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Mozart sinfonia 1690
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Wolfgang Amadeus MOZART (1756-1791)
Sinfonia Concertante in E flat, K364 (1779, arr. violin & cello & orchestra, M Zdunik) [30:55]
Duo No 1 in G, K423 (1783) [15:33].
Symphony No 29 in A, K201 (1774) [22:39]
Karolina Nowotczyńska (violin)
Marcin Zdunik (cello)
Elbląg Chamber Orchestra/Marek Moś
rec. 3-4 October 2020, 8-10 January 2021, Concert Hall of the Kazimierz Wiłkomirski State Music School, Elbląg, Poland.
DUX 1690 [69:20]

The Elbląg Chamber Orchestra play with impressive precision and clarity, superlative articulation and outstanding tautness of ensemble. There is some excellent violin playing here, and while the recording tends to place the winds well forward, hearing such splendidly unified pairs of horns and oboes in the first movement of the Sinfonia concertante at such very close quarters, is more a privilege than a disturbance. The photograph of the orchestra in the booklet looks as if it is a very young orchestra indeed, and while an extensive biography of the ensemble in the booklet is a model of how to use words without imparting any worthwhile information, it seems as if this is connected in some way with the visually impressive (and extraordinarily colourful) Wiłkomirski State Music School in Elbląg in Poland. Whatever its true origins, it is certainly something of which Elbląg seems particularly proud; and justifiably so, for it plays with unusual commitment and verve.

The booklet tells us that this all-Mozart programme contains two works which “are among the most popular works in the history of music”. I find it difficult to go along with that; glorious though the Sinfonia concertante is, I doubt it would come top of the list even in a survey of Mozart’s most popular hits. Never mind that, though, for it receives here a performance which fully deserves the widest airing. Karolina Nowotczyńska and Marcin Zdunik indulge in delightful conversational gambits wholeheartedly supported by the orchestra. The intimacy of the work is well conveyed and the delicacy of the textures beautifully maintained. That said, it is in the much rarer Duo for Violin and Cello that the two soloists show their real strengths. Composed for Mozart’s employer at Salzburg, Prince-Archbishop Colloredo, in 1783, one can only marvel at Mozart’s genius in making these two instruments sound at times like a much larger ensemble. Nowotczyńska and Zdunik relish the opportunity to enter into lively and detailed musical discourse over three delightful movements, and both show a high level of virtuosity as well as a real sense of mutual awareness.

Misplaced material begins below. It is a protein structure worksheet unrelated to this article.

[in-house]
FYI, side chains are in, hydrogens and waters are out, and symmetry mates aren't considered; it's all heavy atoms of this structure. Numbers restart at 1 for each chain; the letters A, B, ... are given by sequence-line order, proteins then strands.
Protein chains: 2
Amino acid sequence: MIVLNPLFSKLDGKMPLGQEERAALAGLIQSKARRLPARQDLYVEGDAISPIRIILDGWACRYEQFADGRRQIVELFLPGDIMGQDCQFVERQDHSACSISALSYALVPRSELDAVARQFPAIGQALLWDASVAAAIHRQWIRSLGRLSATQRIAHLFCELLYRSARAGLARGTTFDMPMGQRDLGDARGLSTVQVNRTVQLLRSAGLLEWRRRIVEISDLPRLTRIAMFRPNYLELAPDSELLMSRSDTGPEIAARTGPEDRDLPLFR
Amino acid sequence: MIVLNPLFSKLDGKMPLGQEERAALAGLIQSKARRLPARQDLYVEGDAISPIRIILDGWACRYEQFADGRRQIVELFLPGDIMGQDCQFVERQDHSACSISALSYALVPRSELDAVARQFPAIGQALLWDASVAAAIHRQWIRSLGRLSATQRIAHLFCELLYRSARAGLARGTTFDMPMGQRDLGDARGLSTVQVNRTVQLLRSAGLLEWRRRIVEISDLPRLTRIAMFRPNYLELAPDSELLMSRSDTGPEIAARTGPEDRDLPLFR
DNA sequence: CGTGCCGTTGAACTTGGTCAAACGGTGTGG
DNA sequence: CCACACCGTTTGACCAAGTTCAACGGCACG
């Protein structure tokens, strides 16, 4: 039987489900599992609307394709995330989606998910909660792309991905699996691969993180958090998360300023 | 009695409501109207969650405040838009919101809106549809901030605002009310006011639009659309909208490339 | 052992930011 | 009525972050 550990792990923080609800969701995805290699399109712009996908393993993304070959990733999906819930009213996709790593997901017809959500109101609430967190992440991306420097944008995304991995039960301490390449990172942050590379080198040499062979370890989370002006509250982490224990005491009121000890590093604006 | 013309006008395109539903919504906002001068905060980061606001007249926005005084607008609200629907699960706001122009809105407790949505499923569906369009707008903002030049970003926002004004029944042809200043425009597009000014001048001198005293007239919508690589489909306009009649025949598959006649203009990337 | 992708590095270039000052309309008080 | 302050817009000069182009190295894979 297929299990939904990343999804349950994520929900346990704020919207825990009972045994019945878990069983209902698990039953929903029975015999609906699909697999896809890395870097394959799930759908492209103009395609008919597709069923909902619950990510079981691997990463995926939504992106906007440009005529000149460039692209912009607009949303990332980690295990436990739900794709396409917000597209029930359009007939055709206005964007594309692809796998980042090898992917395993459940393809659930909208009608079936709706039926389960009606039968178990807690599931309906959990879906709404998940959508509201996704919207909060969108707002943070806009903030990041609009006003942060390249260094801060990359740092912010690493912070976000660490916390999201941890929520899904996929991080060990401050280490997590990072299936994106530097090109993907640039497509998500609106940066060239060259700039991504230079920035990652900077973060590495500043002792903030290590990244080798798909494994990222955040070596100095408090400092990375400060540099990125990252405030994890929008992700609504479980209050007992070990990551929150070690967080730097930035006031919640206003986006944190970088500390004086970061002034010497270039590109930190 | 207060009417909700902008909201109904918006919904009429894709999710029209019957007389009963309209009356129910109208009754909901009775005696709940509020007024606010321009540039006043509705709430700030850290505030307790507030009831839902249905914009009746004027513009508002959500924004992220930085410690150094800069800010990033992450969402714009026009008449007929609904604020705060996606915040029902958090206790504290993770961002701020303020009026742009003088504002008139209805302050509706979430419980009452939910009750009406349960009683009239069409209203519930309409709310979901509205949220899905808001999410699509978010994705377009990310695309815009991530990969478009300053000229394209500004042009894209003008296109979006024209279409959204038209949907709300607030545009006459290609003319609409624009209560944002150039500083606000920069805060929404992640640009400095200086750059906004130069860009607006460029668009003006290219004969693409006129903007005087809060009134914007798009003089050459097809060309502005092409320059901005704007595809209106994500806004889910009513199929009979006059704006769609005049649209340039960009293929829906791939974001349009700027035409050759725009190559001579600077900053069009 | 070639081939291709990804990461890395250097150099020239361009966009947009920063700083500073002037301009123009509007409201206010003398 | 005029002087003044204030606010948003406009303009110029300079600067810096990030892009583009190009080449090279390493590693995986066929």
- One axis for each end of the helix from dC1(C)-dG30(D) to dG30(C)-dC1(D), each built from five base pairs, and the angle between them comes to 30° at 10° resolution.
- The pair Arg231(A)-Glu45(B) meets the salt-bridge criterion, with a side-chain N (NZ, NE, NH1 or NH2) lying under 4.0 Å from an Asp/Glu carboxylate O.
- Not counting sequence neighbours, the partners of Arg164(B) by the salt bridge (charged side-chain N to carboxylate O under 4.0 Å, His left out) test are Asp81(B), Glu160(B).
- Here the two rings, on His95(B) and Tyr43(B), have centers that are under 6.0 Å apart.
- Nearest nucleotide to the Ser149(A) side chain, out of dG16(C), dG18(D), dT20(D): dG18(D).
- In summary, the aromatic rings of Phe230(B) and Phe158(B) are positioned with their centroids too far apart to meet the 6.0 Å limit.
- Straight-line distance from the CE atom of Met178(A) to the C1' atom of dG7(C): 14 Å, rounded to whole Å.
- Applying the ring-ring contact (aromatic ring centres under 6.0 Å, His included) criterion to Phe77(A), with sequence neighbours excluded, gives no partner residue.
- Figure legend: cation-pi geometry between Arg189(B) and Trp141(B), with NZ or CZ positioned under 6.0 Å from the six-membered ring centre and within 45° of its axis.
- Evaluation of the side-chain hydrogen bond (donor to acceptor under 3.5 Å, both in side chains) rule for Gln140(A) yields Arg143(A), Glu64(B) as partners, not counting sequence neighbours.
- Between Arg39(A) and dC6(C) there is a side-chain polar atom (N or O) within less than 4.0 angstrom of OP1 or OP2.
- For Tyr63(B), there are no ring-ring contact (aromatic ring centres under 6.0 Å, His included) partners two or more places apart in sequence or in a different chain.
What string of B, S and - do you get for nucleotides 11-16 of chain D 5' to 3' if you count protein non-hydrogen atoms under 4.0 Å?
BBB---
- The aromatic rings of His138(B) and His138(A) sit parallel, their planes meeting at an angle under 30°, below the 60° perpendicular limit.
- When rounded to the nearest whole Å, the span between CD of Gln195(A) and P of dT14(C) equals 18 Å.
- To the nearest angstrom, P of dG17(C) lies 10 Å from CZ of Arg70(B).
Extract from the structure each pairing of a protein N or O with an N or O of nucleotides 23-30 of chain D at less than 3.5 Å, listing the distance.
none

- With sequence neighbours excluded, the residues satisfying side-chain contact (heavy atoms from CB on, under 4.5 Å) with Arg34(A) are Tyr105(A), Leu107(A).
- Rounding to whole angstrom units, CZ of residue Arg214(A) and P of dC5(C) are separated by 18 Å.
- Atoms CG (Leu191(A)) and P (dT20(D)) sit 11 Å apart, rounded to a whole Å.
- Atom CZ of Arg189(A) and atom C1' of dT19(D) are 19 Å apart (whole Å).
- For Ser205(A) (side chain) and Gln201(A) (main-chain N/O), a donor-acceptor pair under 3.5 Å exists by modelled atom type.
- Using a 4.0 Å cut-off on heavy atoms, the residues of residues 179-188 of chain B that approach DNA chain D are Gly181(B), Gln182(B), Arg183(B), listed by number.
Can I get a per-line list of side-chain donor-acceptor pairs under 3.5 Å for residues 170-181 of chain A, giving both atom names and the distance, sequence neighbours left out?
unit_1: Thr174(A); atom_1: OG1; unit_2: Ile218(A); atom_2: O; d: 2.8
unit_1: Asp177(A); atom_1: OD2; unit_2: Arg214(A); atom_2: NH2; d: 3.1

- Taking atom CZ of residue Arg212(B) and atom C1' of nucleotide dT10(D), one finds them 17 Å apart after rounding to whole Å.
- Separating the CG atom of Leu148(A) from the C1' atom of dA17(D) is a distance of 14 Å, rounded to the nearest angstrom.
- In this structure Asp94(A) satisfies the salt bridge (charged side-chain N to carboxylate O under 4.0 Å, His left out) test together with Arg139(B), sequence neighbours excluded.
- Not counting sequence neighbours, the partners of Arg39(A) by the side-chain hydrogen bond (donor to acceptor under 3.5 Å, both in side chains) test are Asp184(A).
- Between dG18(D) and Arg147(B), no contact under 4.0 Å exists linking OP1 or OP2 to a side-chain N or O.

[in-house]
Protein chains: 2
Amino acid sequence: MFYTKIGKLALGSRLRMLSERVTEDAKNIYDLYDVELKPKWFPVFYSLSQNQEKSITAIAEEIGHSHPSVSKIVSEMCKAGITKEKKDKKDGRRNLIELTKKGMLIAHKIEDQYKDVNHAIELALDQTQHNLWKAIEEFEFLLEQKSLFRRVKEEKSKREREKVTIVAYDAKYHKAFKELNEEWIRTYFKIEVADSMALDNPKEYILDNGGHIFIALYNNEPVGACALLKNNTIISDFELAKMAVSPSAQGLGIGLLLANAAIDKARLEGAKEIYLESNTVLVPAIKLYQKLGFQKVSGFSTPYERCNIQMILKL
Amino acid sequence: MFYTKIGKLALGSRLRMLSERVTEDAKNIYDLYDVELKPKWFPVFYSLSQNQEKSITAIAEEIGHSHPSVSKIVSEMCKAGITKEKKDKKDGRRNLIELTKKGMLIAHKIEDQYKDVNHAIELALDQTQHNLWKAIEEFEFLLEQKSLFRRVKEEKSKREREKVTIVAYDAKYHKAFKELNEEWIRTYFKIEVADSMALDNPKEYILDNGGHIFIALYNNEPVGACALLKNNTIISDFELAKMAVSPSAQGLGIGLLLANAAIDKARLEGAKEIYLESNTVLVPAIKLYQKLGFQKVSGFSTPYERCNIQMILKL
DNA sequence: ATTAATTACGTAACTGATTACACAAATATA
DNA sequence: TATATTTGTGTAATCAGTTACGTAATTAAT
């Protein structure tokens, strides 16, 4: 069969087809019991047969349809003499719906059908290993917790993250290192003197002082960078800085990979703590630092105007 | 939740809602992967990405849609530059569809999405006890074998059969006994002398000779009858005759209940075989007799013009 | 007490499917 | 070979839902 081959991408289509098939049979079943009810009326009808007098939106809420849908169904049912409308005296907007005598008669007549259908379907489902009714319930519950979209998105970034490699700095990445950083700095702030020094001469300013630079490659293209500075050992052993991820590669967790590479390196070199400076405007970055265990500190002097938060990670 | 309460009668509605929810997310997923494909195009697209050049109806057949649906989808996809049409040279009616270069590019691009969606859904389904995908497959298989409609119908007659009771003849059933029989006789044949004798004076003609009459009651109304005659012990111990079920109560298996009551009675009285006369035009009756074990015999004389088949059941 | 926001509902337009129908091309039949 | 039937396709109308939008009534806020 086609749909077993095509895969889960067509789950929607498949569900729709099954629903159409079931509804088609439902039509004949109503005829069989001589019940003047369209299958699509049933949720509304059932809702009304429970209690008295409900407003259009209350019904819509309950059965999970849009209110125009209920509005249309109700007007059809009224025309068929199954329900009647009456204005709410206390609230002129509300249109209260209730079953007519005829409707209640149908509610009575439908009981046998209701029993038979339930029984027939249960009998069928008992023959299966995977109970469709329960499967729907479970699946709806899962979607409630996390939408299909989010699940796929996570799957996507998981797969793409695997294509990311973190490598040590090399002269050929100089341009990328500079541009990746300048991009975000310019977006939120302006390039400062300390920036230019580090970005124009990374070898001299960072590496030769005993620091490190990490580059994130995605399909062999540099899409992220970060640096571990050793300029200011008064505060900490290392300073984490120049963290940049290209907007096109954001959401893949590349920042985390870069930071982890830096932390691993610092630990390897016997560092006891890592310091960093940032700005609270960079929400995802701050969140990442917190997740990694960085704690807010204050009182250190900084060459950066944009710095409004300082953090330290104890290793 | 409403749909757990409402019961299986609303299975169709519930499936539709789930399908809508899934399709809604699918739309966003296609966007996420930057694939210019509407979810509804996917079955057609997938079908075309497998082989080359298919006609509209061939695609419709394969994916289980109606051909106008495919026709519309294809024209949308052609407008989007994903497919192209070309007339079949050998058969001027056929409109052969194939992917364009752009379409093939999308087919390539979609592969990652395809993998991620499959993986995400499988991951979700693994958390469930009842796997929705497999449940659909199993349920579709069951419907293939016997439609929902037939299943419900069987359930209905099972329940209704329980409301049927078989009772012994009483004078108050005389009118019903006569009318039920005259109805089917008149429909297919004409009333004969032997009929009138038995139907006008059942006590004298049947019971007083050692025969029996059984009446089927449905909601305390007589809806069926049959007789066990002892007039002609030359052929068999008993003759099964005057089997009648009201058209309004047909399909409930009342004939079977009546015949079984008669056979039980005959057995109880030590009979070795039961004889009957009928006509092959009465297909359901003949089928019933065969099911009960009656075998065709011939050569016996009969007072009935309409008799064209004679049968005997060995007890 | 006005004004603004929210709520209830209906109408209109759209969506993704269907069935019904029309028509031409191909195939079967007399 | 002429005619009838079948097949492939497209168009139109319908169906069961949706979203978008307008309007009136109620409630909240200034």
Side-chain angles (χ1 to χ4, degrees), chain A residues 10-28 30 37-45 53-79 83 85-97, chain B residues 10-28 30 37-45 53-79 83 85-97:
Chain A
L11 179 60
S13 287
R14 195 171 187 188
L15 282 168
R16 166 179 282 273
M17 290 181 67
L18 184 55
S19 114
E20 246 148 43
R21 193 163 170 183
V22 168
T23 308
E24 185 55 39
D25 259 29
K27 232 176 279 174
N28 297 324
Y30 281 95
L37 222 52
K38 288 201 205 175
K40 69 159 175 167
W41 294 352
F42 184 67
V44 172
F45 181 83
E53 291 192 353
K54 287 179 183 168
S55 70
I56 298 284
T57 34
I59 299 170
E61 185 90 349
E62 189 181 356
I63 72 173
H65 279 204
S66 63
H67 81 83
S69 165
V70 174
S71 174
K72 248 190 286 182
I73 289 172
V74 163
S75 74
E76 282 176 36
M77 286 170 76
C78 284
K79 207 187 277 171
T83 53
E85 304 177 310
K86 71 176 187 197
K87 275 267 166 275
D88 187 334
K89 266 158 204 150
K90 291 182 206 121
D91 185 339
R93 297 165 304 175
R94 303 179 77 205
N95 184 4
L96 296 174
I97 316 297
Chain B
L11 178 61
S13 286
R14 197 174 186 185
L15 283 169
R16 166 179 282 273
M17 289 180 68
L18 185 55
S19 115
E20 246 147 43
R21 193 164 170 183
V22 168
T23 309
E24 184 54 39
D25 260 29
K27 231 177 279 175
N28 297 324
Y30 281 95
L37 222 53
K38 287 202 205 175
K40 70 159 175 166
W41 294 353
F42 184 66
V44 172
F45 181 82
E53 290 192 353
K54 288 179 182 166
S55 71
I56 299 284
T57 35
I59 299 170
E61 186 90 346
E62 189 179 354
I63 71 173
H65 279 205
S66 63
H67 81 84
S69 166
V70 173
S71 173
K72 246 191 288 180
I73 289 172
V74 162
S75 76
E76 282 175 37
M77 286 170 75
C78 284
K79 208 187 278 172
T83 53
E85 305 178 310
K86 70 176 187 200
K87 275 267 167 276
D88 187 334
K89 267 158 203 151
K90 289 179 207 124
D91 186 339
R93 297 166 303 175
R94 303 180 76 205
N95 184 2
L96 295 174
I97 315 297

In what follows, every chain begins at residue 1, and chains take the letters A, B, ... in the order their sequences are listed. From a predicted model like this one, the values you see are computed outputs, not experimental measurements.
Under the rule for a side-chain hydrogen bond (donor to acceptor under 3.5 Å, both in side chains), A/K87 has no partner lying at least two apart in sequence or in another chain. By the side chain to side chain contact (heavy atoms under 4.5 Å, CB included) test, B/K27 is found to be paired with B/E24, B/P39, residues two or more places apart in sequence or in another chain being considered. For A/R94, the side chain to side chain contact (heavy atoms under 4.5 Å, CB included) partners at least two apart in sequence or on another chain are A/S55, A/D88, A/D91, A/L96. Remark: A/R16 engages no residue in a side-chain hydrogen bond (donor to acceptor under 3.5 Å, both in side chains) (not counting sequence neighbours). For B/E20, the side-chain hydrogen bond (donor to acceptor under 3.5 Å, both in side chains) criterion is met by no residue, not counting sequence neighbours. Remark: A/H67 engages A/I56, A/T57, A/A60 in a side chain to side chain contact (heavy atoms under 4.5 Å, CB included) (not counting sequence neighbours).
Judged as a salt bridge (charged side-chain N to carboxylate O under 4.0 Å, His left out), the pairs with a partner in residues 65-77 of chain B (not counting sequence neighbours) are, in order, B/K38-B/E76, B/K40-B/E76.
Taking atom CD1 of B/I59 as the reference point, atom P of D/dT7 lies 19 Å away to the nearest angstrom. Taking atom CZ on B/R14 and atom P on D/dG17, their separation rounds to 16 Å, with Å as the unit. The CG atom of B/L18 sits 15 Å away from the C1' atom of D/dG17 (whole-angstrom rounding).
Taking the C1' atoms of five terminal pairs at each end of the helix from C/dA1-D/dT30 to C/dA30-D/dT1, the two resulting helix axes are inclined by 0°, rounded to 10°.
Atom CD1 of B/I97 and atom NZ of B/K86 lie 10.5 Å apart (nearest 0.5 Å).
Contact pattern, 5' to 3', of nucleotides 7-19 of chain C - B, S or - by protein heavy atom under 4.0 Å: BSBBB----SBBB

While the playing of both orchestra and soloists is highly impressive, what sets the performances apart is the care conductor Marek Moś has obviously taken over every tiny detail. Phrasing and dynamics are exquisitely managed, so that there is a sense that this is a highly manicured performance, intellectually intense yet musically satisfying. It may not rank amongst the most perceptive or distinctive interpretations of Mozart, and especially of the Symphony, available on disc, but it certainly stands out as one of the most musically assured.

Marc Rochester

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